The Sixth Gun: Sons of the Gun #4 - Written by Cullen Bunn and Brian Hurtt, illustrated by Brian Churilla, published by Oni Press. Probably the only thing about the tremendous The Sixth Gun series that caused me any level of dismay was the fact that General Hume's henchmen were dispatched within the first six issues. Here we had four "men" in possession of four of the six mystical guns and they were a sight to behold. One wore a bag on his head, one was skeletal, one a scarred man covered in metal plating and the other looking like a mortician gone wrong. Pestilence, Famine, War and Death rode the plains and they were mighty...until they crossed Drake Sinclair. I always wanted a little more of these creepy characters' story, and although we have not yet learned how they came into possession of four of the six, we at least get a glimpse of what each "man" did after General Hume's first death. This issue focuses on Silas "Bitter Ridge" Hedgepeth, previous owner of the fourth gun, which can call up the spirits of the men and women it has shot down.
On his own and without purpose for the first time in many years, Silas Hedgepeth sets out to end his life. This isn't the first time he has taken extreme measures, and it won't be the last as his attempted self-hanging is thwarted by an all-too-weak tree branch. A child witnesses the act and tells Silas of how his town is plagued with a terrible illness, which offers Silas, who was once a doctor, a chance at redemption, a chance for fulfillment. Silas attempts to cure the town folk, but something sinister has taken hold of them, and Silas knows a thing or two about darkness. His gun might just hold the very cure the town needs.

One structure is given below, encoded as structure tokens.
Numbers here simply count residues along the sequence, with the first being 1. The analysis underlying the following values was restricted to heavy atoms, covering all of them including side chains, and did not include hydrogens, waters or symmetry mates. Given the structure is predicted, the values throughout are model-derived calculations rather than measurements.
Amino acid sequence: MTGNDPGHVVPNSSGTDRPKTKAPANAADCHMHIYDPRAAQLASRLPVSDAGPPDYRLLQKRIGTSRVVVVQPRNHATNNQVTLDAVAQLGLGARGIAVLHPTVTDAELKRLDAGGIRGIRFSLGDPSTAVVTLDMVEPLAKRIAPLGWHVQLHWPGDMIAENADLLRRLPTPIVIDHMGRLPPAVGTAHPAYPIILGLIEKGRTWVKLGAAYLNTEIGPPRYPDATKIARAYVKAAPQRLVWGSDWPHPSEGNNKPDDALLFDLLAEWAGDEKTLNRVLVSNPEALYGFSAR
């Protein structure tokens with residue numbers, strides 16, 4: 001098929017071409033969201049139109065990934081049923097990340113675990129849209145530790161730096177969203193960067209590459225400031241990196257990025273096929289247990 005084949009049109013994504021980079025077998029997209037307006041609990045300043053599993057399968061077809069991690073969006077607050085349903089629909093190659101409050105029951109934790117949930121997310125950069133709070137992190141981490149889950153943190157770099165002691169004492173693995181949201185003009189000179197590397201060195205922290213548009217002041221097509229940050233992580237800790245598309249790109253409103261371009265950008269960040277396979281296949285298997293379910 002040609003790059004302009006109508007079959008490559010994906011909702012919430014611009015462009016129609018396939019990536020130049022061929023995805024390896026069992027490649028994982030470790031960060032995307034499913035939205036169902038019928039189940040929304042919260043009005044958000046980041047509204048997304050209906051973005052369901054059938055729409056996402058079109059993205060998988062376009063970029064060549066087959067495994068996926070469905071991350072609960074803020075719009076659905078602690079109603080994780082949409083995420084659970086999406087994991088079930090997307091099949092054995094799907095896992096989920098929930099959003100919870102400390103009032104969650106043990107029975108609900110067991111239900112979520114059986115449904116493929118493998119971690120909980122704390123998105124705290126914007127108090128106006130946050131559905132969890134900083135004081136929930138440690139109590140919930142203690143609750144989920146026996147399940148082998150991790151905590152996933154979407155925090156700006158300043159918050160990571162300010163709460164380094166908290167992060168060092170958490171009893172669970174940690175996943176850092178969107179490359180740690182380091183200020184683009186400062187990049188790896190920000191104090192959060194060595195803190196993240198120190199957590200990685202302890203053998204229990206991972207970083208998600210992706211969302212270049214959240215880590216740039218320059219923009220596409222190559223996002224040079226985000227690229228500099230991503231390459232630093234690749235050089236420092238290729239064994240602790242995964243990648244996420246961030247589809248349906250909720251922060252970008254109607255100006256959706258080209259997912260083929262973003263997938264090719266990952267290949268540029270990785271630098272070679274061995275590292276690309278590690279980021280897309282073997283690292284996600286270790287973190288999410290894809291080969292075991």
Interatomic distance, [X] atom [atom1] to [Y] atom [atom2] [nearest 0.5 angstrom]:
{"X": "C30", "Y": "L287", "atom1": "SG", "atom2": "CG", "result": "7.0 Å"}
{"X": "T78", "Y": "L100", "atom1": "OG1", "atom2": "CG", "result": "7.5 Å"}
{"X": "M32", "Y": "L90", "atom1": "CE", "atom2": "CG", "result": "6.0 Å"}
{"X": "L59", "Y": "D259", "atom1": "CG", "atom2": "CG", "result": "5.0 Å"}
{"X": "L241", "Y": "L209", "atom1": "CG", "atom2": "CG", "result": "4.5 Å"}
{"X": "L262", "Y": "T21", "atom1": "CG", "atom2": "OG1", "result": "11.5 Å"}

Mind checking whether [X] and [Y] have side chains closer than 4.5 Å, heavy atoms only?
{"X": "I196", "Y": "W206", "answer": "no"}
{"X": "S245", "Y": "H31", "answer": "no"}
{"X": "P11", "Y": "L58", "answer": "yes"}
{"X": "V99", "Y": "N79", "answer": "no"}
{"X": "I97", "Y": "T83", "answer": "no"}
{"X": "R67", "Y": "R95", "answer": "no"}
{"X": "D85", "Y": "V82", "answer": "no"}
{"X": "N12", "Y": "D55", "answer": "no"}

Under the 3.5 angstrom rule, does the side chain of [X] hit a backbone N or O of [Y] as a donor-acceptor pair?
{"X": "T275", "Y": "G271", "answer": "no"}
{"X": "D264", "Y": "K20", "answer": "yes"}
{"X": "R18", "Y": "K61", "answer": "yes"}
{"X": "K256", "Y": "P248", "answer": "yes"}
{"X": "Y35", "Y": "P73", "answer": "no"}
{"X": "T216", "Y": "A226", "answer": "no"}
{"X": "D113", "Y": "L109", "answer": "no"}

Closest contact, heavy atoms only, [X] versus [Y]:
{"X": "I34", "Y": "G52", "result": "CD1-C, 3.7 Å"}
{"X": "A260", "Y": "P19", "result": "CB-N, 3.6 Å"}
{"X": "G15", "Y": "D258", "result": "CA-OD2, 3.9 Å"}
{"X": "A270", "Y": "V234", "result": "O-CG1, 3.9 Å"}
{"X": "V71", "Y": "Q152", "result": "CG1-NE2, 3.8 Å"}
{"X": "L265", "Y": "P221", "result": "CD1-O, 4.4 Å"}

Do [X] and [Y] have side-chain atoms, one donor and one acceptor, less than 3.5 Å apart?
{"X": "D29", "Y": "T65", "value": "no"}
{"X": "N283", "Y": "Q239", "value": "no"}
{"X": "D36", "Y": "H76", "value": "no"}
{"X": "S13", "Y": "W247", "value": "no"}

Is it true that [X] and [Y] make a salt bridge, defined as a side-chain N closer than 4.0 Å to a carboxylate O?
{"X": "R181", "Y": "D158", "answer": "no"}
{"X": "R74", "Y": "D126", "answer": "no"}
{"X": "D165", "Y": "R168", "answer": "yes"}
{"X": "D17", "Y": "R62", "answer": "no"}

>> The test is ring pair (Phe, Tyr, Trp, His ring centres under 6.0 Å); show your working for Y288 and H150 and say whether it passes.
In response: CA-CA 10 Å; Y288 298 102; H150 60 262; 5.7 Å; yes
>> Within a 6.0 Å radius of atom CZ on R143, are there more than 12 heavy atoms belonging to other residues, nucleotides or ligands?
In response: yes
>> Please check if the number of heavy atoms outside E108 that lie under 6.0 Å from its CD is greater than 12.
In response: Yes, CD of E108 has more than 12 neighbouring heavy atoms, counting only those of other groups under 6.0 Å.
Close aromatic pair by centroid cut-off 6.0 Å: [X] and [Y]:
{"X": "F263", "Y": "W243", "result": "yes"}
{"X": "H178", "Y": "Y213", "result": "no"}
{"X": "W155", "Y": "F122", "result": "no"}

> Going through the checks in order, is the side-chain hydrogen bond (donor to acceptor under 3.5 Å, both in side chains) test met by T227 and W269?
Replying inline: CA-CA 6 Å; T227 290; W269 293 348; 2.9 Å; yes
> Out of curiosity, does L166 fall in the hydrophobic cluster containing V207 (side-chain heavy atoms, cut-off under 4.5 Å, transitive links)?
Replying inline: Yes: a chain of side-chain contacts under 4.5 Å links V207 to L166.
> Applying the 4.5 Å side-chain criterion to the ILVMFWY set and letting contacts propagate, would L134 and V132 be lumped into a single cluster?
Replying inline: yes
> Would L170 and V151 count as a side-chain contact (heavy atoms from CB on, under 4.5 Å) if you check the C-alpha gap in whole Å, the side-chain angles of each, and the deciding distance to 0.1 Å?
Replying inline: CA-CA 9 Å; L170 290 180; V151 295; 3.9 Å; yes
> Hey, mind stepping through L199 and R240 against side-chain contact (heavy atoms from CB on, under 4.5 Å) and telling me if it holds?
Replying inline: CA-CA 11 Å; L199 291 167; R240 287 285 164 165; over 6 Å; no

Okay, that was twisted as all heck. Another interesting look at the men behind the monster, and this fourth installment was definitely worth the price of admission. I will be honest with you...I didn't quite "get" the final page. Probably just me, but this book is enjoyable despite my confusion. Churilla is a perfect guest artist for this series as his pencils perfectly fit the tone of a The Sixth Gun book, but his style remains his own. Bill Crabtree's wonderful colors also serve to tie the book back to the series proper.